P.P.P.S. Okay, so I can’t completely let go of the idea of travel quite yet (single, no mortgage, no commitments – hello!!?). After applications go in between December and January, I might try to squeeze in one more trip before school actually starts – assuming I get in, that is.. That’d give me about 5-6 months between February and August. Just enough time to see some combination of East Africa, North India, Tibet, Mongolia and maybe the Trans-Siberian Railway across Russia. Maybe. Any takers? I’m serious.


Testing 1.. 2… Sibilance. Sibilance.. Hello, North America.. Come in, North America.. Can you read me??

Been a long time, huh? When I last wrote, I was still choking on the exasperation from my experience in Burma. Yes, I’ve gotten a hold of myself. And, no, I haven’t fallen into a vat of coconut curry or been abducted by a Thai heirum in the meantime as I’d hoped. I’ve just been enjoying detachment in the technology-light laidback-ness of Laos for the last month. And it’s been absolutely wonderful. This entry’s another mega-ultra-hyper-huge whopper, so grab some Whoppers and settle in.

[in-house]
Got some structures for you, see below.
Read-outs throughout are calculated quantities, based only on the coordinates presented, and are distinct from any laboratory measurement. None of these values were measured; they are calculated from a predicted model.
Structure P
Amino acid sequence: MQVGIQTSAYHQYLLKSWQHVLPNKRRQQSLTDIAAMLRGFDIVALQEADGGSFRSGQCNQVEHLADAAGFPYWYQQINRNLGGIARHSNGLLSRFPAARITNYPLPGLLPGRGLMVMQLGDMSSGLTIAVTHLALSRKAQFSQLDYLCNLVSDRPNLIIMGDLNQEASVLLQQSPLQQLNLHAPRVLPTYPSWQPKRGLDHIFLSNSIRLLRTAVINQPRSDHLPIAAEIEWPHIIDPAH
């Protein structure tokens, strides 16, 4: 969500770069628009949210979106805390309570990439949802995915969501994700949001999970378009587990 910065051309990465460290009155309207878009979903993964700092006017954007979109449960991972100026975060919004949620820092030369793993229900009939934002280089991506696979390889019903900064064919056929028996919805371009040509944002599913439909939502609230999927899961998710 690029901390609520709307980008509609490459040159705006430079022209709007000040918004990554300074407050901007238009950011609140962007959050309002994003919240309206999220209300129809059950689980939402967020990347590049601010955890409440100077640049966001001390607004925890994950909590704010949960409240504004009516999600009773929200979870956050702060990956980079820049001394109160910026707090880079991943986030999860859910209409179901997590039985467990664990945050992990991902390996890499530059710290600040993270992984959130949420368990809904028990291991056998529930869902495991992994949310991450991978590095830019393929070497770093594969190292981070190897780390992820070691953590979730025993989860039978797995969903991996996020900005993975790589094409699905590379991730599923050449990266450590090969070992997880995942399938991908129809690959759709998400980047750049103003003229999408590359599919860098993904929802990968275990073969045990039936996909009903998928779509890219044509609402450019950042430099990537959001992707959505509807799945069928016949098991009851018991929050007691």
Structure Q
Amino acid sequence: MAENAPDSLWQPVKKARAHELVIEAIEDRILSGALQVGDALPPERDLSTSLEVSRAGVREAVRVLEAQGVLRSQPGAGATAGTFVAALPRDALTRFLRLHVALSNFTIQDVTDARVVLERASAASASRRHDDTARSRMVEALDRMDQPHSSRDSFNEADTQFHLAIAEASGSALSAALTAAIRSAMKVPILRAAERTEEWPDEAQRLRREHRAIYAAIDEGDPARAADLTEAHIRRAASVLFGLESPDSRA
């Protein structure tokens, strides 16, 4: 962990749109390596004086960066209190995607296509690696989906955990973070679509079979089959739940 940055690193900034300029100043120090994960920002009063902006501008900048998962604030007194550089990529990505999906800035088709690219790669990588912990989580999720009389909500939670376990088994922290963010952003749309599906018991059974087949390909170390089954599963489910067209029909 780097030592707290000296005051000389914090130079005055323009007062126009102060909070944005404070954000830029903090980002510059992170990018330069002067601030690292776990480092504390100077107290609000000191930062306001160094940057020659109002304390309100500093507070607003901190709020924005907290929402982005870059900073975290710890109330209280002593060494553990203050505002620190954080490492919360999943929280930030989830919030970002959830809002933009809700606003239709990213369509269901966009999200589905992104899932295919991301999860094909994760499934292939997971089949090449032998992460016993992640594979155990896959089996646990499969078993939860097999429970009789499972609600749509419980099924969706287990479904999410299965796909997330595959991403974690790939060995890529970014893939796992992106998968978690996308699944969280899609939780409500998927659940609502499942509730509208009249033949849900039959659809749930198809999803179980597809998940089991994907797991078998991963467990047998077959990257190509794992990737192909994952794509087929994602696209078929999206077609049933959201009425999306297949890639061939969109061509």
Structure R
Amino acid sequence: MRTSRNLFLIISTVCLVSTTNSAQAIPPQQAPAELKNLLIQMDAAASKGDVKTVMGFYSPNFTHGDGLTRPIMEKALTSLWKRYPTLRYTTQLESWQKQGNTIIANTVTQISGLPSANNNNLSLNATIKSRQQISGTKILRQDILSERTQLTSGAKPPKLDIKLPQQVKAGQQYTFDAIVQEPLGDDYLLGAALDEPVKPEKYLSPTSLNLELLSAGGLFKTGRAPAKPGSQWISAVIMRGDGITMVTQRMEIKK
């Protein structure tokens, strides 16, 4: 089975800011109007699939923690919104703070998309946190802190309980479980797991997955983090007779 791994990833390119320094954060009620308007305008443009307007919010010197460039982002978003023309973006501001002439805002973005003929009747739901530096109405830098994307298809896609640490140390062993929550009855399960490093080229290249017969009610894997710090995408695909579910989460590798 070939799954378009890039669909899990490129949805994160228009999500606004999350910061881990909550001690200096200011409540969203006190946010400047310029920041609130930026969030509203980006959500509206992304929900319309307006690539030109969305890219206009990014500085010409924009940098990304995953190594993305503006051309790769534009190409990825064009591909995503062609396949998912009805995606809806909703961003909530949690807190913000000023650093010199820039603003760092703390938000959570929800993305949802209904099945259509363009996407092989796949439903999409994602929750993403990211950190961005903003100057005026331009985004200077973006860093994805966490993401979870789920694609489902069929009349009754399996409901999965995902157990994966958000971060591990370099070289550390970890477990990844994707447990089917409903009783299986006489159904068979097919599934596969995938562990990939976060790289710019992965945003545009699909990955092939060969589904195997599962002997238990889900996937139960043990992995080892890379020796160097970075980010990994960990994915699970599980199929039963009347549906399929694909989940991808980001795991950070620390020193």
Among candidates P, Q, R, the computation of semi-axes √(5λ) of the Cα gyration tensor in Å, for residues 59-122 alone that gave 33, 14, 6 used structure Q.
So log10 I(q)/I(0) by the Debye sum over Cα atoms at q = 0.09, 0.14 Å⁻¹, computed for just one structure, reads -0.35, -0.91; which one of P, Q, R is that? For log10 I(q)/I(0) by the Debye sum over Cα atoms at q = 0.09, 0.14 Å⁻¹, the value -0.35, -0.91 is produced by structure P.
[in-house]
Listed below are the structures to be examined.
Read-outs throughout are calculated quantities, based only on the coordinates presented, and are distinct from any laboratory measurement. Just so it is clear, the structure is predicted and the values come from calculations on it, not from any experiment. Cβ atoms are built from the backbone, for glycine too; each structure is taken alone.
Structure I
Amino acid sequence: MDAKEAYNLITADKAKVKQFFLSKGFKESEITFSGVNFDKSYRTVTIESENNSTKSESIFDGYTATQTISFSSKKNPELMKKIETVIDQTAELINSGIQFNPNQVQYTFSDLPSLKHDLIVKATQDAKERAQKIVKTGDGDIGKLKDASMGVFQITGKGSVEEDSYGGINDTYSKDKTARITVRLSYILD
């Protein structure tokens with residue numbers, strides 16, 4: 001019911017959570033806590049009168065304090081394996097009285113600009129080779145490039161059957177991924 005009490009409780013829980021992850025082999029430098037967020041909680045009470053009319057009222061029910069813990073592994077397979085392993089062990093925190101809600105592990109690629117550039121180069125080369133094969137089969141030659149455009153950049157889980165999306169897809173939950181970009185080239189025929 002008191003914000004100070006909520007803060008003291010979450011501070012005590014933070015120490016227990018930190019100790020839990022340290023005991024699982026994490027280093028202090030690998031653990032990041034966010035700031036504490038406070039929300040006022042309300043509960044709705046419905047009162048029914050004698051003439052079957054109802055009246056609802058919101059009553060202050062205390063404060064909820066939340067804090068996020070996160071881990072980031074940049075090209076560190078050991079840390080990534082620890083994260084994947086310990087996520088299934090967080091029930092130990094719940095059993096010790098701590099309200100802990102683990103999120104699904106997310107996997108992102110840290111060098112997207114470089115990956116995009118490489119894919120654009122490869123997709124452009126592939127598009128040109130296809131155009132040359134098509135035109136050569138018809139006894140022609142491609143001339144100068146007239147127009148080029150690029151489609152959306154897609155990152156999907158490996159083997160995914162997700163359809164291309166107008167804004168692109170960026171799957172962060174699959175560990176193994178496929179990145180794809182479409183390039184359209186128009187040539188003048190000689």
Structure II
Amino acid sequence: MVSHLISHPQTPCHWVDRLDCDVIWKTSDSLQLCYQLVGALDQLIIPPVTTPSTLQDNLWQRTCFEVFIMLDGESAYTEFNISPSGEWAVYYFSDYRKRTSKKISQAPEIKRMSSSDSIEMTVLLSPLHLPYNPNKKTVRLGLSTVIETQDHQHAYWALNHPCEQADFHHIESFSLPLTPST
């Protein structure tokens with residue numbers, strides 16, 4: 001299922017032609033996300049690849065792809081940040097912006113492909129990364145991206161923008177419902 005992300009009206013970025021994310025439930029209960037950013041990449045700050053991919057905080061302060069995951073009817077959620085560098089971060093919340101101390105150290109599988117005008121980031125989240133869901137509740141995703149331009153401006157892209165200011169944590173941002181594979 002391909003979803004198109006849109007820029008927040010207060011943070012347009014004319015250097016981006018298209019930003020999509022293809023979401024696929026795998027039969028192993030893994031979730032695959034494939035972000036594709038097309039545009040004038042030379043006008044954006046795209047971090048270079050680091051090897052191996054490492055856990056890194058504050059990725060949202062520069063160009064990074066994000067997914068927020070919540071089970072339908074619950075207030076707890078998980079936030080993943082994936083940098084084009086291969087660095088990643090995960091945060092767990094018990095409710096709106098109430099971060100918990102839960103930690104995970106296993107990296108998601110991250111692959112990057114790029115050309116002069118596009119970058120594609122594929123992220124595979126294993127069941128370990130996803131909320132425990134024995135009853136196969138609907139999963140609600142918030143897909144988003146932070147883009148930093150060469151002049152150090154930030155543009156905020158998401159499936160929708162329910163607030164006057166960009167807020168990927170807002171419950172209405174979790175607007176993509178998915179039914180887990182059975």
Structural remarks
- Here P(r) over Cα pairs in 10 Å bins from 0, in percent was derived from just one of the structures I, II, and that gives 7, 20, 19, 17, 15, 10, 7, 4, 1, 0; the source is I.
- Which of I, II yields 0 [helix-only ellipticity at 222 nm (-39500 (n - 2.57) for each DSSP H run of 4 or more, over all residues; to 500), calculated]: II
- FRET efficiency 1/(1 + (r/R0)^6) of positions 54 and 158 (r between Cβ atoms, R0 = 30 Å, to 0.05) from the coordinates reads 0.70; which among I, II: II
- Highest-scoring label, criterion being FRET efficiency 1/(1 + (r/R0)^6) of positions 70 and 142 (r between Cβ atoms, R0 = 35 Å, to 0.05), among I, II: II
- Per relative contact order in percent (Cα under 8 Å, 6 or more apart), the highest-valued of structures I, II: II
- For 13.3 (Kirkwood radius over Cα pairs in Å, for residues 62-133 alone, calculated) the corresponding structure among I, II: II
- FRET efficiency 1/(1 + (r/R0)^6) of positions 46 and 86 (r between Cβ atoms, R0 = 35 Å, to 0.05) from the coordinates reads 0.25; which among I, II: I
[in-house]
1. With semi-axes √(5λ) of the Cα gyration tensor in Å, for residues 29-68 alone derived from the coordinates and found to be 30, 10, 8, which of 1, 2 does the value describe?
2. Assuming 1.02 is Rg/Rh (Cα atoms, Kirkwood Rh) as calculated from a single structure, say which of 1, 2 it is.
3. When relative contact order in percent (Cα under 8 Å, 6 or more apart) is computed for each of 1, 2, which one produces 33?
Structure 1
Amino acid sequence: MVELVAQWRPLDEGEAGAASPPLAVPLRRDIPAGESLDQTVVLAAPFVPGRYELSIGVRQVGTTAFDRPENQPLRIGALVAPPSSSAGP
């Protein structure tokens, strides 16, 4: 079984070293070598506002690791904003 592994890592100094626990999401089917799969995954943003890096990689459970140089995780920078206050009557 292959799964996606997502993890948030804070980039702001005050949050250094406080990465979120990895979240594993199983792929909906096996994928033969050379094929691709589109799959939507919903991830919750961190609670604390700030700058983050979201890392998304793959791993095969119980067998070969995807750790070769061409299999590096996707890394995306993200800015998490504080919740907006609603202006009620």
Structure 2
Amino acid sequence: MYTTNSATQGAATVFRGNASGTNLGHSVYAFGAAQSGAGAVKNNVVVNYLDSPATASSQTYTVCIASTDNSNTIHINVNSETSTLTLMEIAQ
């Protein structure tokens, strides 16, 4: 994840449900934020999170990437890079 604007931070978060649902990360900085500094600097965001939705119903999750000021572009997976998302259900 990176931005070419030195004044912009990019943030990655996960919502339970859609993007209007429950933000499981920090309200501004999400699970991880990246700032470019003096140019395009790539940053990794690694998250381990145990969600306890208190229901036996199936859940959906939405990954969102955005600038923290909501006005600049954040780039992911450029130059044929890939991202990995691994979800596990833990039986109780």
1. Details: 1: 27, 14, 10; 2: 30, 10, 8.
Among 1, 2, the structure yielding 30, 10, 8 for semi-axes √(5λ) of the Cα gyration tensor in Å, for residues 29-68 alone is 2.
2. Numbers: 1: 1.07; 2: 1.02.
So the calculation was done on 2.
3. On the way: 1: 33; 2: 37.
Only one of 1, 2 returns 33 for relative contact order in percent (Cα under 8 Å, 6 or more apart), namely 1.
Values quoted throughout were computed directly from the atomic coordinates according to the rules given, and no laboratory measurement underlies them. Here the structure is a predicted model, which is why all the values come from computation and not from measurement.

Before I go on, I should clear up a coupla things. First, the location. Like a lot of people, I wasn’t exactly sure where Laos was before I pulled out the map. It’s a sort of keyhole-shaped landlocked country in the middle of mainland Southeast Asia that shares borders with Thailand, Burma, China, Vietnam and Cambodia. Second, Laos is actually pronounced ‘Lao’. Like ‘how’, ‘now’, ‘brow(n)’ or ‘cow’. But not like ‘mouse’, ‘house’, or.. ‘louse’. I always used to giggle when I heard travelers come back and refer to it as ‘Lao’, with their new-fangled international edumacations and smug pronunciations butting up against my American ignorance but.. turns out they’re right. And now I’m one of ’em. The people of Laos refer to themselves as ‘Lao’ or ‘Laotians’ and their country as ‘Lao’ and have for a while. Many still spell it that way today. When the French came in the late 18th century and took over the area of Southeast Asia that includes present day Laos and Vietnam (aka French Indochina), they decided to add an ‘s’ to ‘Lao’. Isn’t that nice? But even that ‘s’ was supposed to be silent – on account-a bein’ French ‘n all. So, there you have it. Now you can sound smart – or uppity – at your next cocktail party. Tres chic!